Just a few weeks ago, we told you about 23-year-old college student Kayla, who was in desperate need of a heart and kidney transplant. After weeks waiting in the hospital on the transplant list, Kayla received the ultimate gift — new heart and kidney. Learn more about Kayla’s happy ending – and plans for her new beginning — by watching this FOX 5 news segment.
Posts Tagged ‘heart transplant’
For the more than 100,000 people in the United States on the list waiting for an organ transplant, life is a waiting game. Unfortunately, it’s a game Kayla is playing for the second time.
The 23-year-old college student received her first heart transplant when she was just a baby, and although her donor heart has far outlasted predictions, Kayla now needs a new heart and also a kidney.
Watch this Fox 5 news segment to learn more about Kayla’s story.
The latest data from OPTN/UNOS of adult organ transplants performed in 2012 show that the Emory Transplant Center performed 426 transplants, making it the largest transplant center in the state and the 10th largest in the country. If we add the 60 pediatric transplants performed at Children’s Healthcare of Atlanta, the ETC is the 5th largest transplant center in the country.
Of course, the ETC is much more than these numbers, but volume is one indication of just how busy our center is — and our programs are growing. In 2011, Emory performed 360 adult and 70 pediatric transplants. That means the total number of transplants increased 13% from 2011 to 2012. Each program is growing, too. The kidney program expanded from 204 transplants in 2011 to 230 in 2012, and the liver program grew from 93 transplants in 2011 to 111 in 2012. There were 11 kidney and pancreas transplants at the ETC in 2011 and 17 in 2012. The heart team transplanted 23 in 2011 and 34 in 2012, and the lung program transplanted 29 in 2011 and 34 in 2012.
This accomplishment never would have been possible without the gracious gifts of life organ donors provide to our transplant recipients. We are ever grateful to the donors who have indicated their wishes and the families that have made the decision to donate and save or restore the lives of our patients.
If you remember reading about kidney transplant recipient Ken Sutha and his participation in the U.S. Transplant Games, you might also remember reading about Sherrell Gay, who received her heart at the Emory Heart Transplant Center and also participated in the games. In fact, Sherrell celebrated the 8-year anniversary of her transplant procedure during the Games’ closing ceremonies.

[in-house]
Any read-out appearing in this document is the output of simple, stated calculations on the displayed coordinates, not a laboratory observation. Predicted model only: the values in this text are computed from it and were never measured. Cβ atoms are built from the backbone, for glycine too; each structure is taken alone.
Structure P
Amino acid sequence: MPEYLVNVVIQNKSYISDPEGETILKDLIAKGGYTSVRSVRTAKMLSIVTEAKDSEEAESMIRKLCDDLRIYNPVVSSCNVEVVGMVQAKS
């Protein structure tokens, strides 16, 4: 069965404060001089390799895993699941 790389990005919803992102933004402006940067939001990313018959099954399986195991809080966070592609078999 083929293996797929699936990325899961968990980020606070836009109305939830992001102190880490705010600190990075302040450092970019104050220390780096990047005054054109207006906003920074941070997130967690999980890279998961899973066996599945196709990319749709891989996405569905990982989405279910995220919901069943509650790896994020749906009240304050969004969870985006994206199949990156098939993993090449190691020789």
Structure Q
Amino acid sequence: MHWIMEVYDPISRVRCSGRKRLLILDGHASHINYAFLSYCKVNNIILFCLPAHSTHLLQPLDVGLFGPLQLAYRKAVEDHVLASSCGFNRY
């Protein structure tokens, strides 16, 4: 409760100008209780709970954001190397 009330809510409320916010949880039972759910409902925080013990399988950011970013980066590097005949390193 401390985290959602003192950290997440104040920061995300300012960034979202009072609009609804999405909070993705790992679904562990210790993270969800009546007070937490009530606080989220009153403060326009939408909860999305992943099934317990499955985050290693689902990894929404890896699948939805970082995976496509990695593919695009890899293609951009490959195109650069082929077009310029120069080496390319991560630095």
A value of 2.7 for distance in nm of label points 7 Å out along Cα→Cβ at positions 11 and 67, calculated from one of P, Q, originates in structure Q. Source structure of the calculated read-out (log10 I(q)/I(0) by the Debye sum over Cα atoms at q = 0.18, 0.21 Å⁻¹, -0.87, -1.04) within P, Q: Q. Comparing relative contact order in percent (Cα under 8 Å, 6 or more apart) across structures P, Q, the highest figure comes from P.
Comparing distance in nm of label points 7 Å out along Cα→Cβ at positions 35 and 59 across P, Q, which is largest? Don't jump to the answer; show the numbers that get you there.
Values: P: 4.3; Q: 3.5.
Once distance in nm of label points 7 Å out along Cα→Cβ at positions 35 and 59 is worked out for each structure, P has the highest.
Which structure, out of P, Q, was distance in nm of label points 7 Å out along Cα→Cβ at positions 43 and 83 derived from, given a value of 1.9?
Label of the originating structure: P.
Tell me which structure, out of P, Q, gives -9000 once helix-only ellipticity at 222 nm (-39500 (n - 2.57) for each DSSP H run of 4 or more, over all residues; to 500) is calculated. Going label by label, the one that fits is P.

Although Sherrell (who’s originally from Waynesboro, GA) received her first heart transplant a decade ago, for the past 18 months, she has been on the waiting list for another heart due to allograph vasculopathy, a fairly common long-term complication from heart transplant. Allograph vasculoplasty is known more commonly as chronic rejection, which can develop in transplanted hearts at any time – soon after transplant or many years later. The small vessels in the heart become blocked first and as the disease progresses, the larger vessels can become blocked too. “I was diagnosed with allograph vasculpathy at my 7 year annual post-transplant appointment,” Sherrell recalls. “I was treated with medication for 1 ½ years and then the team decided the disease had progressed too far to benefit from drug therapy and I needed to be evaluated for another heart transplant.”
Both throughout her first heart transplant journey and while Sherrell was hospitalized for a portion of 2012, her kidney function continued to decline. “As my wait time continued, my kidney failure worsened, as did my heart function,” Sherrell recalls. Emory’s kidney transplant team was asked to consult on her case, and they concluded that after Sherrell had spent 10 years on immunosuppressants and her kidney function was in decline for almost a decade, her kidneys were in end stage kidney failure. They added Sherrell to the kidney transplant waiting list, knowing that the other option was a potential lifetime on dialysis following her next heart transplant.
Thankfully, Sherrell was contacted about her waiting list status and learned she would be receiving her new heart and two kidneys from the same organ donor. “On the day I got the call there were organs matched for me, I had to start emergency continual dialysis. The organs became available at just the right time,” she says, and “by doing both organs from the same donor, I stood a better chance at successfully living healthy.”
On December 9, 2012, Sherrell received her successful double organ transplant and is now recovering and doing well. Dr. Duc Nguyen performed her heart transplant first, and Dr. Paul Tso performed her kidney transplant immediately after.